The Berkeley lawsuit has prompted the latest attempt to reform CEQA, with state lawmakers proposing a bill that would exempt public universities from CEQA requirements.
The school-specific nature of this proposal, however, demonstrates a crucial facet of CEQA reform efforts to date: They have been piecemeal and reactive.
For example, when groups began suing under CEQA to block homeless shelters, the state legislature passed a narrow law that now exempts such centers and similar projects within the city of Los Angeles from CEQA review. Likewise, in reaction to the state’s housing crisis, the legislature adopted carveouts that allow limited review of pro-density projects. Lawmakers also have granted ad hoc exemptions for specific causes, such as when they exempted the Sacramento Kings’ basketball arena from CEQA to prevent the sports franchise from leaving the state.
But few, if any, CEQA reforms have moved beyond targeted exemptions to address what some observers say are the root causes of CEQA abuse: the basic elements of CEQA that fail to support the law’s environmental goal, such as how the statute enables groups without environmental interests can sue under the law.
One proposed reform would target groups formed in direct protest against a particular project. Under this reform initiative, such groups would only have standing to sue under CEQA if all of their members satisfied individual standing requirements under the law. This would amount to a showing that they are directly affected by the project that they are challenging; furthermore, the change would place limitations on the nebulous “public interest” standing doctrine that had been invoked by the plastic bag coalition.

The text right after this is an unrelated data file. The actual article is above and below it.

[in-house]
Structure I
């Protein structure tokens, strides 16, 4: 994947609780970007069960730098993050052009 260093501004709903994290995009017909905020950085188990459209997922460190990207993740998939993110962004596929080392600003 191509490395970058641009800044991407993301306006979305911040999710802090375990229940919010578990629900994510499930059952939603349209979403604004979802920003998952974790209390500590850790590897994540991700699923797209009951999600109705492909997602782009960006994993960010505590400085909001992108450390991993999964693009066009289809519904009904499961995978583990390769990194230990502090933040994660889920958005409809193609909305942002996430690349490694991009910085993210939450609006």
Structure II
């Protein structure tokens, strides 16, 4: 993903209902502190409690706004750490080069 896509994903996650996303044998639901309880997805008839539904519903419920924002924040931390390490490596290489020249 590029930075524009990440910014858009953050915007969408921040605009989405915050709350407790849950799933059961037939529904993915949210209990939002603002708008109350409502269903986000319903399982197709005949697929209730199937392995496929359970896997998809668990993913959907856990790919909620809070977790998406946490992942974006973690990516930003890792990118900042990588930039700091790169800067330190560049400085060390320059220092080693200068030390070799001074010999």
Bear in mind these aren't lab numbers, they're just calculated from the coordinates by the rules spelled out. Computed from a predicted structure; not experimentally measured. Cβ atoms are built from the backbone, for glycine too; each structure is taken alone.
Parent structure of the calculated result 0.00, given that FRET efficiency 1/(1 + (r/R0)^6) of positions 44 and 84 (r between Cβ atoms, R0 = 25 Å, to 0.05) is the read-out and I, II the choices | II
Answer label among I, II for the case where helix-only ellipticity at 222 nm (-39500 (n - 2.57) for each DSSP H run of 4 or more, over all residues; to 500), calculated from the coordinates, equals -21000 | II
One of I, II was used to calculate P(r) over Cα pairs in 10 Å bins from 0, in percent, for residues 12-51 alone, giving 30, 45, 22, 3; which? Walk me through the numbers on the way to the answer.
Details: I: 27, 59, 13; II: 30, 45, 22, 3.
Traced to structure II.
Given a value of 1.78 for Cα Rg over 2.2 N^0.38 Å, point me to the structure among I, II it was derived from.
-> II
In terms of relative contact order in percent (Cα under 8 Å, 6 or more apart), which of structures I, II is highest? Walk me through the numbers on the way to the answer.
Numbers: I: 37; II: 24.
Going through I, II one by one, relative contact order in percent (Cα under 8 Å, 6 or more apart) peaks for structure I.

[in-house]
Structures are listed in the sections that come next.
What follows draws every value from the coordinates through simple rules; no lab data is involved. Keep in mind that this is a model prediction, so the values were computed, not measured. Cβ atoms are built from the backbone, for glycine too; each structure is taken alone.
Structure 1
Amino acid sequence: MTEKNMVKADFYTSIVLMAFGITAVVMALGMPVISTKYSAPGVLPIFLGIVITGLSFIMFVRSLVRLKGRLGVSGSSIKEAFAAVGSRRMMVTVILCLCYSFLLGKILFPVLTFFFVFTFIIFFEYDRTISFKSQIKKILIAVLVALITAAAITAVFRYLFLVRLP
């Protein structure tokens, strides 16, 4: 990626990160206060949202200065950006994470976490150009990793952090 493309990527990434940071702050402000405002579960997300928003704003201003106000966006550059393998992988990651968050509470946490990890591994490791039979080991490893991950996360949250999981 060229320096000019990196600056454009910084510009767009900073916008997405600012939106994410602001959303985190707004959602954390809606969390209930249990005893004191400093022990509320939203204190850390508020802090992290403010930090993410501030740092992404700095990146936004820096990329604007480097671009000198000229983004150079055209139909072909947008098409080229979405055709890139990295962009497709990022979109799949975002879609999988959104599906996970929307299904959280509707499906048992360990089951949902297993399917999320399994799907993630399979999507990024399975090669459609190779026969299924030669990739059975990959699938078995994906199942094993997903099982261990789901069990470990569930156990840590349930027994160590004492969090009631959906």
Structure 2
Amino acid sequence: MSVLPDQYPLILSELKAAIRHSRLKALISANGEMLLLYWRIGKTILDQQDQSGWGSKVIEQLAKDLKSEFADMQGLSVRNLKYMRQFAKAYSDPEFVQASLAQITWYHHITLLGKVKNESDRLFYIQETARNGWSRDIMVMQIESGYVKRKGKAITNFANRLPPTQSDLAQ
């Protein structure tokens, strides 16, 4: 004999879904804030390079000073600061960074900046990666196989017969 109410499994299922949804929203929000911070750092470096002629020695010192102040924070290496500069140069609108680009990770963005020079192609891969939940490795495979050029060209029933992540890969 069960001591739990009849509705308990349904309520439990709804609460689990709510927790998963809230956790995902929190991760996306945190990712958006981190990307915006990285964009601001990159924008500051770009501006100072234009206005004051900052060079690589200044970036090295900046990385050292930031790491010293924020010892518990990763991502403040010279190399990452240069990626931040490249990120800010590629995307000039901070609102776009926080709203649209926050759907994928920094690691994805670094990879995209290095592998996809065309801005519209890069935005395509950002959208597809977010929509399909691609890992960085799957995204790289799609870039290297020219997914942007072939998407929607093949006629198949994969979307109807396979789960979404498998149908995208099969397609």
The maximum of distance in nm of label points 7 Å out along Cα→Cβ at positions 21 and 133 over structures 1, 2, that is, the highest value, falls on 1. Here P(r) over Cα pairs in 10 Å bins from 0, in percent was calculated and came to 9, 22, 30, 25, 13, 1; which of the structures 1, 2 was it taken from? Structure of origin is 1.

Another proposed reform would require all entities bringing CEQA lawsuits to “disclose their identities” and financial interests in full, enabling courts to scrutinize whether groups are motivated by purely non-environmental goals.
Due to the political challenges that confront any attempt at lawmaking in California, and the complex nature of CEQA itself, comprehensive reform remains elusive. But to preserve CEQA’s integrity as an environmental safeguard, the state legislature may want to focus on addressing CEQA’s role as a point of entry into the legal system for non-environmental groups.